A proper way to celebrate

All of us face trials every day of the week, but few of us have ever had to deal with the terror that U.S. Army Lt. Col. Ginger Branson faced each day she was serving our nation during Operation Desert Storm in 1991.

“We got used to it. It happened so frequently that we pretty much had the masks on all the time,” Branson said during a July 3 ceremony hosted by the Alabaster-Pelham Rotary Club honoring local veterans.

Branson served for several months in 1991 at the Army’s 251st Evacuation Hospital in Saudi Arabia’s King Khalid Military City.

Every time Branson and her colleagues received a report of an incoming Scud missile, they went through the same routine of fumbling to put their gas masks and chemical suits before the missile struck.

“It took about five minutes to get everything on,” Branson said during the ceremony.

Branson served for several months in 1991 at the Army’s 251st Evacuation Hospital in Saudi Arabia’s King Khalid Military City.

Luckily, no Scud missiles ever hit close to the hospital, but Branson and her colleagues didn’t know that at the time. Imagine admitting more than 2,250 patients and performing 428 major operations while having the threat of a missile strike – and possibly even biological warfare – in the back of your mind.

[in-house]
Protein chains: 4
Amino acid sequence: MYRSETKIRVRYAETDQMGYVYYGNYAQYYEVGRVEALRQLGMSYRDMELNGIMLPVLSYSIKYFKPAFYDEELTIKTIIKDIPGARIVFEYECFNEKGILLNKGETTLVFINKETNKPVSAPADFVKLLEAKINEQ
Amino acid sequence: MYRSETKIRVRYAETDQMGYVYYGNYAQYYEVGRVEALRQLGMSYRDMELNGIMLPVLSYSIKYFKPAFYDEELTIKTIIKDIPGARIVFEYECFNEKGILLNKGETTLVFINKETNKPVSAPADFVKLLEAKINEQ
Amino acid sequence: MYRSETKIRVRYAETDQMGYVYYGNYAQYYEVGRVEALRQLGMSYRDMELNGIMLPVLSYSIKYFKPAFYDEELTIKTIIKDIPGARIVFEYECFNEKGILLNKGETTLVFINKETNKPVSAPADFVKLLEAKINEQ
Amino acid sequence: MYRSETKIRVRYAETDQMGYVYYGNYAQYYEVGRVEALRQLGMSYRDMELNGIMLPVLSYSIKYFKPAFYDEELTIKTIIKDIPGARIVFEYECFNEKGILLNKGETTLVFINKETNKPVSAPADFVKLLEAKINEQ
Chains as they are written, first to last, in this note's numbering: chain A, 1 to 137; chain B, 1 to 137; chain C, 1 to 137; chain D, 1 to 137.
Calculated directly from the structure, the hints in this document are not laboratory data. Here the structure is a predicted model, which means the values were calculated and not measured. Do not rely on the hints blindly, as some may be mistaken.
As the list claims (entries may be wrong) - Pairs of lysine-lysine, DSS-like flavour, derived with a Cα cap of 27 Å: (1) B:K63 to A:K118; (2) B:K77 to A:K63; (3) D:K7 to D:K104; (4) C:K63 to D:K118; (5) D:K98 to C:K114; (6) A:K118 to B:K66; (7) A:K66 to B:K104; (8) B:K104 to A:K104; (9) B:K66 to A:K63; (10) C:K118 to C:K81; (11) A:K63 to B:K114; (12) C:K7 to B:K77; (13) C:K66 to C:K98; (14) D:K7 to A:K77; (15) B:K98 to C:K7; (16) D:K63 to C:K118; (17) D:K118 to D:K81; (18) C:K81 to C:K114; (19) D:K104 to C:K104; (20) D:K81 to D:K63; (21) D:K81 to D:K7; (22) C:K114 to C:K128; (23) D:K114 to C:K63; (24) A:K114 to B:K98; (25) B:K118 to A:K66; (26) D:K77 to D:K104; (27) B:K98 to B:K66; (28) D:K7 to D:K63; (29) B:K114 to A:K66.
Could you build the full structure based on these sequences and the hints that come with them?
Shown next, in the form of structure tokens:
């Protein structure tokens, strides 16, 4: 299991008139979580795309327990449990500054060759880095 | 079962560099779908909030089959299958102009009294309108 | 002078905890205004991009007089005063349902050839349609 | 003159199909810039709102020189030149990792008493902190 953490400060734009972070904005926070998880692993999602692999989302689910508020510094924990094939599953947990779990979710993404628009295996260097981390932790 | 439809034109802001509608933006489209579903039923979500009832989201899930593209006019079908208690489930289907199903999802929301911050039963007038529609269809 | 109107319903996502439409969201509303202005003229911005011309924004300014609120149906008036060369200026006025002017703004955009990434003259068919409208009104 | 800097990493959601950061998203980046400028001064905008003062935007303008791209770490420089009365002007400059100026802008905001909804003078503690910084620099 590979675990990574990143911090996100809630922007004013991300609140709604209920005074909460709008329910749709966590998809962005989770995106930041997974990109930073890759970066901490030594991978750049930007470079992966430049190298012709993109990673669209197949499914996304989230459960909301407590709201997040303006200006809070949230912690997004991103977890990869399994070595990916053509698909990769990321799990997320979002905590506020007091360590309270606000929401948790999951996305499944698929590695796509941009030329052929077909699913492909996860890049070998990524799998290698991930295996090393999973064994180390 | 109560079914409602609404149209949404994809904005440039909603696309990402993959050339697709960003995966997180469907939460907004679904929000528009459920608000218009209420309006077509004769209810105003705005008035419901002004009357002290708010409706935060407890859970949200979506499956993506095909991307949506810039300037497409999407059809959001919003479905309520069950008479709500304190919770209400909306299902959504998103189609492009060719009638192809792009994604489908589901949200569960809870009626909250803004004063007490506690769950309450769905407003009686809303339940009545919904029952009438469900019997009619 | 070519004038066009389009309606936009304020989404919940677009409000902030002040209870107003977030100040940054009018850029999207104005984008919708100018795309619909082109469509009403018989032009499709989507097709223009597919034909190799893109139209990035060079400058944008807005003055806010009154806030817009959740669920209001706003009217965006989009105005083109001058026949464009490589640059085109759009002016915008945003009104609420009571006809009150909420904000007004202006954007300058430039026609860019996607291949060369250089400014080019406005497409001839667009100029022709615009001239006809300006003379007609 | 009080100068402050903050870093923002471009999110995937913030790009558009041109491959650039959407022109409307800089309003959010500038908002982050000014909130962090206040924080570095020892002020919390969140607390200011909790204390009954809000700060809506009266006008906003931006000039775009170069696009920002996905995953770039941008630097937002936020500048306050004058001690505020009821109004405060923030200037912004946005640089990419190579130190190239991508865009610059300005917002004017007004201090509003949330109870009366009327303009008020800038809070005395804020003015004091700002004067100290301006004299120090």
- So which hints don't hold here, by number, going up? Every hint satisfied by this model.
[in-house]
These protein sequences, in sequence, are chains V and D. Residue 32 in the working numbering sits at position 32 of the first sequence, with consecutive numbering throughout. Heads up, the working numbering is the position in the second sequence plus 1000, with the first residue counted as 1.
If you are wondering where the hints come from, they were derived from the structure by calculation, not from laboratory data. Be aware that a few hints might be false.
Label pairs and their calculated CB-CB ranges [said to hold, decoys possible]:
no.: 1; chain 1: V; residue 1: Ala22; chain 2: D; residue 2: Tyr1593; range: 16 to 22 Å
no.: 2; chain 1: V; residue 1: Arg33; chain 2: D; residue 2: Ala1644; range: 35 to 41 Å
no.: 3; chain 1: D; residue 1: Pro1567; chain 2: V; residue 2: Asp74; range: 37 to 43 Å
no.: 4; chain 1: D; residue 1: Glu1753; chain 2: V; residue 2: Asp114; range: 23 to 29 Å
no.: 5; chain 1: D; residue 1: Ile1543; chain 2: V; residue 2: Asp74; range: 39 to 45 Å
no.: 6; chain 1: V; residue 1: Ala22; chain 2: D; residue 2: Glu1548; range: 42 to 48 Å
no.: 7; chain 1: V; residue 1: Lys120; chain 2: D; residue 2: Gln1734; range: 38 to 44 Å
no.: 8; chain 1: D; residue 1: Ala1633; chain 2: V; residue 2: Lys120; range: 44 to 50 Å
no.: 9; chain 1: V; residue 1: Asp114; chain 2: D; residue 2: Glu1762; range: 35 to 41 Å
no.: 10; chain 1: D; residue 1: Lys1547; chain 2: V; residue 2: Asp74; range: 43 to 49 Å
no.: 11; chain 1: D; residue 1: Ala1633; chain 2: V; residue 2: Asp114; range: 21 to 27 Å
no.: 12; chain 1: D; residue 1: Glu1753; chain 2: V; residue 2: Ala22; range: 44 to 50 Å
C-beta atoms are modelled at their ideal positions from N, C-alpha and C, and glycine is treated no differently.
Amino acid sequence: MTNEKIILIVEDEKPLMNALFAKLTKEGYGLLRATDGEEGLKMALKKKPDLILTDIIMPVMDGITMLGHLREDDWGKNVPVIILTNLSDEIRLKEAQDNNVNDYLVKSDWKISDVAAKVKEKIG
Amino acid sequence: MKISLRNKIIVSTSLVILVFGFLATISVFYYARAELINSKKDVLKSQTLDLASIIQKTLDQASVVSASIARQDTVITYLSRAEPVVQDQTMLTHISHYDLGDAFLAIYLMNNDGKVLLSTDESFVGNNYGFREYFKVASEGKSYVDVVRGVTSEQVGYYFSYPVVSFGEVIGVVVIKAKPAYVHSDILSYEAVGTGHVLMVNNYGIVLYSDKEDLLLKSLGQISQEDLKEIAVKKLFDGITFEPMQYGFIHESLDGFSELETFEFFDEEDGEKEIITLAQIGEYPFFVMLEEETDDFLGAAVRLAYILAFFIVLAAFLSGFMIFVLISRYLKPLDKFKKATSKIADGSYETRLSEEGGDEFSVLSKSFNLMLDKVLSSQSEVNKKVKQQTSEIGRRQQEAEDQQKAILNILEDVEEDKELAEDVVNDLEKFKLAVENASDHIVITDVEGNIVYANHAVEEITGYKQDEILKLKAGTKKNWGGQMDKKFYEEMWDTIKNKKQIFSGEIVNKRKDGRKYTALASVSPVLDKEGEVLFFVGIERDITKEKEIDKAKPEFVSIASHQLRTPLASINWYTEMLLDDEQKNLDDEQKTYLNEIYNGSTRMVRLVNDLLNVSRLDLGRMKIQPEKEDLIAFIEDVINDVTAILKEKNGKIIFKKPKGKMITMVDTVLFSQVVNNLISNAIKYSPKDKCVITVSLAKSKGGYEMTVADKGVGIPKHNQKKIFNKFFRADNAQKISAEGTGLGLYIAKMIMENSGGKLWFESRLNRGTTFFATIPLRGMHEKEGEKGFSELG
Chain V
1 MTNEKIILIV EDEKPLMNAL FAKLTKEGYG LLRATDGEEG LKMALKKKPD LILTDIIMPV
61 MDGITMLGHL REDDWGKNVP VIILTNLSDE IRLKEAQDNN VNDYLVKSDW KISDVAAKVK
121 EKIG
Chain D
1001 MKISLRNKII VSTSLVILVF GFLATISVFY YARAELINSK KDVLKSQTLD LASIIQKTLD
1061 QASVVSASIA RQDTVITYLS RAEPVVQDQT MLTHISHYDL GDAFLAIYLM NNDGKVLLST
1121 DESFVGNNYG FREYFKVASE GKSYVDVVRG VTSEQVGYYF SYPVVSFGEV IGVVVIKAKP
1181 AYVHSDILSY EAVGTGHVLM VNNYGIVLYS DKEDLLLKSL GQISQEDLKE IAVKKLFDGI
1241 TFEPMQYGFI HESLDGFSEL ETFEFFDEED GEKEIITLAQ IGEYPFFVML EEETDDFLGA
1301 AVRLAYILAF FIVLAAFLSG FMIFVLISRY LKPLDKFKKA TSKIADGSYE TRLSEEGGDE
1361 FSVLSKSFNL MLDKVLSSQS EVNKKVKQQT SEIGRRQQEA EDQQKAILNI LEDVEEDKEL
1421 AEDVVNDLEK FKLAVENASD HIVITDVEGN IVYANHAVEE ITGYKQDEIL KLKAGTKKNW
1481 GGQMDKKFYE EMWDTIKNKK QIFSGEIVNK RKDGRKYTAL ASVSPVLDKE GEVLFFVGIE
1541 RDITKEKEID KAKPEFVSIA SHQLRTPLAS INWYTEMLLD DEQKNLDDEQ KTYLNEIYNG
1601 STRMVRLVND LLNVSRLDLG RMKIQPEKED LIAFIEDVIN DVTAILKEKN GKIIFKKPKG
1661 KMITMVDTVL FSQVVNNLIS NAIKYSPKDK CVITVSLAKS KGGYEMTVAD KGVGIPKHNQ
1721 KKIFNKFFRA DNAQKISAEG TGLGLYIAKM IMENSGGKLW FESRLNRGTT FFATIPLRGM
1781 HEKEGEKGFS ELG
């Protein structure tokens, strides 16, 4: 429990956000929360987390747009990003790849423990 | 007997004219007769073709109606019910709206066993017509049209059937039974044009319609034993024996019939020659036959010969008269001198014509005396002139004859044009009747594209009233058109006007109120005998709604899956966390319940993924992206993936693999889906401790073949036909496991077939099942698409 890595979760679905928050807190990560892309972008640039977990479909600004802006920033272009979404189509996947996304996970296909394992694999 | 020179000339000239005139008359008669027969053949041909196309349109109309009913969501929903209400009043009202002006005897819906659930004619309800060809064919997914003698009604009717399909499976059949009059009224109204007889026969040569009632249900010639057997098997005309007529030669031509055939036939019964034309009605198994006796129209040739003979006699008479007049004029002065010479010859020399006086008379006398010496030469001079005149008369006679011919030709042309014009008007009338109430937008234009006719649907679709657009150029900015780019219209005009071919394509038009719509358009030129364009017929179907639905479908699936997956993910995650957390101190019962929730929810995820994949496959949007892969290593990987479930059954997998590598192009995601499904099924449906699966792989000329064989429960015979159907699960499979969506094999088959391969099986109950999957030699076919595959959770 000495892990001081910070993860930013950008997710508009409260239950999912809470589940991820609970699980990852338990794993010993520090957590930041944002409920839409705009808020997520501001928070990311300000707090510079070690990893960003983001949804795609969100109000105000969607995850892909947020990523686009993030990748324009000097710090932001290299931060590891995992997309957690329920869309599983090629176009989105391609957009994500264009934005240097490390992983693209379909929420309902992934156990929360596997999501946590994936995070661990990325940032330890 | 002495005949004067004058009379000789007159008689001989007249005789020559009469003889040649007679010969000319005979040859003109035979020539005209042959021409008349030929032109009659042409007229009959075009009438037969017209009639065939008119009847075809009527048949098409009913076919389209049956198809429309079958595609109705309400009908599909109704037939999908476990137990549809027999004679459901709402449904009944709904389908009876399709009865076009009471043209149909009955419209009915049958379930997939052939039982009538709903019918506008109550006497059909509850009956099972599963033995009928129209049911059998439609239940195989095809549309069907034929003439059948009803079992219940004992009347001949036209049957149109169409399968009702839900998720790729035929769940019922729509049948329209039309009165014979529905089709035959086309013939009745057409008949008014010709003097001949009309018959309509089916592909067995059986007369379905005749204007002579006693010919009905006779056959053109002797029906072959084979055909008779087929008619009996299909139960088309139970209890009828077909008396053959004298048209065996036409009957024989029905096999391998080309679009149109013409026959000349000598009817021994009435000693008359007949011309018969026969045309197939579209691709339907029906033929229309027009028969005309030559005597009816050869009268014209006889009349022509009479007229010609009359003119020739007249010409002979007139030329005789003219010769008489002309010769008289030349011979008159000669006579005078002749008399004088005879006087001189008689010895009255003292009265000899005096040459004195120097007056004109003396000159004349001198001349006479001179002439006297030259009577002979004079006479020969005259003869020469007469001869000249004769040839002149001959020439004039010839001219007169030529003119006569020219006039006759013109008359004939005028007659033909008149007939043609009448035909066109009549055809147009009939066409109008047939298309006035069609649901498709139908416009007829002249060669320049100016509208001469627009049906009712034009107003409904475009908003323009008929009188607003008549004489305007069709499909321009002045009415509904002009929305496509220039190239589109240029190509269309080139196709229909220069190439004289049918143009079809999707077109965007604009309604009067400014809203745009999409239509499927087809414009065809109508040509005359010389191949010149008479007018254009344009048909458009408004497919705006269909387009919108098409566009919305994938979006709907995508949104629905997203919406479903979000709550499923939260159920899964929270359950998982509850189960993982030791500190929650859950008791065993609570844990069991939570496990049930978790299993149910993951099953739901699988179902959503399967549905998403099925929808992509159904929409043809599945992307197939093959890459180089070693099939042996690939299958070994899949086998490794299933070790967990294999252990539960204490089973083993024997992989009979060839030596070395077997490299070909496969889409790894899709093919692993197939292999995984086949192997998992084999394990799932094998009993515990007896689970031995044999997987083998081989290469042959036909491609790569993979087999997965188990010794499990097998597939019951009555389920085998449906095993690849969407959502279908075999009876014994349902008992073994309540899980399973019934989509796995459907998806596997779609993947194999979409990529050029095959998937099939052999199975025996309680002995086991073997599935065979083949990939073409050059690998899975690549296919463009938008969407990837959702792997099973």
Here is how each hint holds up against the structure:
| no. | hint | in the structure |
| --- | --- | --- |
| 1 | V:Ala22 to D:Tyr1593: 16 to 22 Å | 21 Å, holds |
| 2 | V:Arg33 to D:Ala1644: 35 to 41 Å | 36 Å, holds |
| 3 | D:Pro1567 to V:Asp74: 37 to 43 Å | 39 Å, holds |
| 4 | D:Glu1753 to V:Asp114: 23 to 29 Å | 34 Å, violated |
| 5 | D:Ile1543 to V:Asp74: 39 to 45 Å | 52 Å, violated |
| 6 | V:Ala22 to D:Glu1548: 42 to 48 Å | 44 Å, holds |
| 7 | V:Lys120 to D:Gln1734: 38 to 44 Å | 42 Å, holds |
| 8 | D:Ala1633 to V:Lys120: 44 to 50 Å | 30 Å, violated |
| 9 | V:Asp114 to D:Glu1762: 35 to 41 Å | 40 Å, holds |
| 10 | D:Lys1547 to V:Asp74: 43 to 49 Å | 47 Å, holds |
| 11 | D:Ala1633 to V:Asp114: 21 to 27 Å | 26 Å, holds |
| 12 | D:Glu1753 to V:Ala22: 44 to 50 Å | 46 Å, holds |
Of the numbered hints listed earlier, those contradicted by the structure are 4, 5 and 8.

The Rotary Club’s celebration was a very fitting way to celebrate Independence Day, and we applaud the club for bringing the memorable and relevant celebration to Shelby County.

In addition to Branson, the club also honored local retired veterans Eldon Woodie and Dick Ritz – a member of the Rotary Club.

There wasn’t a dry eye in the room as University of Montevallo student Courtney Moody performed “Taps” at the end of the ceremony, honoring the countless veterans who were never able to return to America for such ceremonies in their honor.

The editorial is the opinion of the Shelby County Reporter editorial board.